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10 Ways To Make Your Recipes Healthier
Last reviewed by Faculty of Harvard Medical School on January 16, 2013
By Sarah Flinn, Dietetic Intern
Brigham and Women's Hospital
You can make many of your favorite recipes lower in fat and calories, and higher in fiber by simply swapping out some of the ingredients. When you cook for yourself and your family, you control what goes into the recipe.
Try these 10 simple substitutions to make your meals healthier. Try the recipe from Brigham and Women's Hospital that is included here as well.
Instead of: Oil in cakes and brownies
Use this: Substitute applesauce for half of the oil called for in cake and brownie recipes. You'll cut down on calories without losing flavor or texture. Unsaturated oils, such as olive, canola, safflower and corn oil, are heart healthy, but high in calories. By reducing the amount, you cut back on some of the calories.
Instead of: Whole eggs
Use this: A 1/4 cup of egg substitute or two egg whites can replace each egg in recipes. This can cut the calories and cholesterol from your recipes.
Instead of: All-purpose flour
Use this: Substitute whole wheat flour for all-purpose flour to increase the fiber in your recipes. Start slowly by using 1/2 whole wheat flour and 1/2 all-purpose flour. If you want to go all whole wheat, substitute 7/8 cup whole wheat flour for every cup of white flour.
Instead of: Cream in soups
Use this: Try using fat-free (skim) milk in cream-based soup recipes or when baking. One exception: With homemade whipped cream, the fat is important!
Instead of: Pasta
Use this: There are so many tasty and nutritious whole wheat pastas on grocery shelves. Some brands even add omega-3 fatty acids an essential, heart-healthy fat to their whole wheat pastas for added nutrition.
Instead of: Ground beef
Use this: You won't be able to tell the difference when you substitute extra-lean ground beef, ground chicken or ground turkey breast in chili, burgers, meatballs or lasagna. Think of all the calories and saturated fat you'll be cutting out!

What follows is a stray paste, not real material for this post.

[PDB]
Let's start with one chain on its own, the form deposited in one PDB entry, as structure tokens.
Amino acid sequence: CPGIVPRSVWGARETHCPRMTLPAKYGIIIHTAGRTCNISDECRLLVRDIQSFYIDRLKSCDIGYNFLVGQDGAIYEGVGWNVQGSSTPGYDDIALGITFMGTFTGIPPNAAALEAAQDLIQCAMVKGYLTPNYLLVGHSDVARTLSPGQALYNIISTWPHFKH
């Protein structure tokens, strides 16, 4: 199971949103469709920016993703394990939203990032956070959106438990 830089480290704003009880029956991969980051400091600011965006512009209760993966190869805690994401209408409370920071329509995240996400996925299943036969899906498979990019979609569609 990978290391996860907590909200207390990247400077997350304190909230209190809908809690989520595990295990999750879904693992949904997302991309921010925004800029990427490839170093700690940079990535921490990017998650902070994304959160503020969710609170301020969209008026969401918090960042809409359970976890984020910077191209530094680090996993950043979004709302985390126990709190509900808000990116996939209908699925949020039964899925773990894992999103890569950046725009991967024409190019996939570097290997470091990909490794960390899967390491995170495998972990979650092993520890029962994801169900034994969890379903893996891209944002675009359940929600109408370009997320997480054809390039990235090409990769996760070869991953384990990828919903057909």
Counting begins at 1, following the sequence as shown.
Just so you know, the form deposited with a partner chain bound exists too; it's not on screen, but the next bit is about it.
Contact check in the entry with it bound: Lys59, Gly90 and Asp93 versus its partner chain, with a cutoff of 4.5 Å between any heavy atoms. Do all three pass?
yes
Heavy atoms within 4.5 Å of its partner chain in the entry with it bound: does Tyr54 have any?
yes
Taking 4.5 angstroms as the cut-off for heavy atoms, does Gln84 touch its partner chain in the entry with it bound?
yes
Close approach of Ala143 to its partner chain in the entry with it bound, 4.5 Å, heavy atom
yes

Instead of: White rice
Use this: Brown rice has more fiber and nutrients than white rice. Try it in stir fries or any recipes that call for rice. It's more filling because of the fiber.
Instead of: Cheese
Use this: There are a lot of delicious reduced-fat cheeses available today. Replacing full-fat cheese with these lower fat versions will cut back on calories and saturated fat without compromising flavor.
Instead of: Sour cream
Use this: Substituting fat-free yogurt for sour cream won't change the flavor or texture of your recipes. It will cut the calories and saturated fat in your dish, and make you feel better about eating your meal!
Instead of: Salt
Use this: Put away the garlic salt, onion salt or any other herb-salt combination and use fresh herbs and spices whenever possible. If you can't use fresh, dried herbs and spices are great alternatives! The only thing you lose is the sodium, not the flavor.
Why It Matters
The news and magazines are filled with tips and ideas on how to cut back on calories, increase fiber and reduce sodium. But it may not always be clear why these are important changes to make to your diet. Here's why:
- Cutting down on calories in meals and snacks can help you control your weight. A healthy weight decreases your risk for many diseases, including type 2 diabetes.
- Eating more fiber can help keep you full longer. It's also good for your heart and keeps your intestines working properly.
- Looking for ways to cut back of sodium can help decrease your risk of hypertension (high blood pressure).
Although it's possible to do this with pre-made foods, cooking at home is also a great way to monitor your intake!
Pineapple-Cranberry Oat Twist
Makes 12 portions, 1/2 cup each
3/4 cup old fashioned rolled oats
1/3 cup whole wheat pastry flour
1/2 cup pecans, coarsely chopped
1/3 cup packed dark brown sugar
1/4 tsp ground cinnamon
1/8 tsp allspice
1/4 tsp salt
3 Tbsp unsalted butter, melted
Cooking spray (for greasing the pan)
2 1/2 lbs. pineapple, cut into 1/2 inch chunks
1/3 cup dried cranberries
1/4 cup packed light brown sugar
1/4 cup crystallized ginger, coarsely chopped
1 tsp. lemon zest, grated
2 Tbsp. lime juice
1 tsp. salt
1 tsp. vanilla
- Set a rack in the lower third of the oven and preheat the oven to 375ºF. Coat an 8-inch square baking pan with cooking spray. Set aside.
- In a bowl, combine the oats, flour, pecans, brown sugar, cinnamon, allspice and salt. Stir the mixture as you drizzle on the butter and the oil. Continue stirring until the dry ingredients are coated with butter.
- Place pineapple, cranberries, brown sugar, ginger, lemon zest and lemon juice in a bowl. Toss gently. Transfer the mixture to the prepared pan. Sprinkle the oat topping over the fruit.
- Bake the crisp uncovered until the pineapple chunks are tender when pierced with the top of a knife and the topping is lightly browned, about 45-60 minutes.
- If the topping starts to burn before the fruit is tender, loosely cover the crisp with aluminum foil. Remove from the oven and let cool slightly before spooning onto plates or into bowls.
Nutrition Facts per 1/2 cup serving:
Fat: 10 grams
Saturated fat: less than 1 gram
Trans fat: 0 grams
Carbohydrate: 33 grams
Fiber: 3 grams
Cholesterol: 8 milligrams
Sodium: 53 milligrams
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Sarah Flinn is a Dietetic Intern at Brigham and Women's Hospital, Boston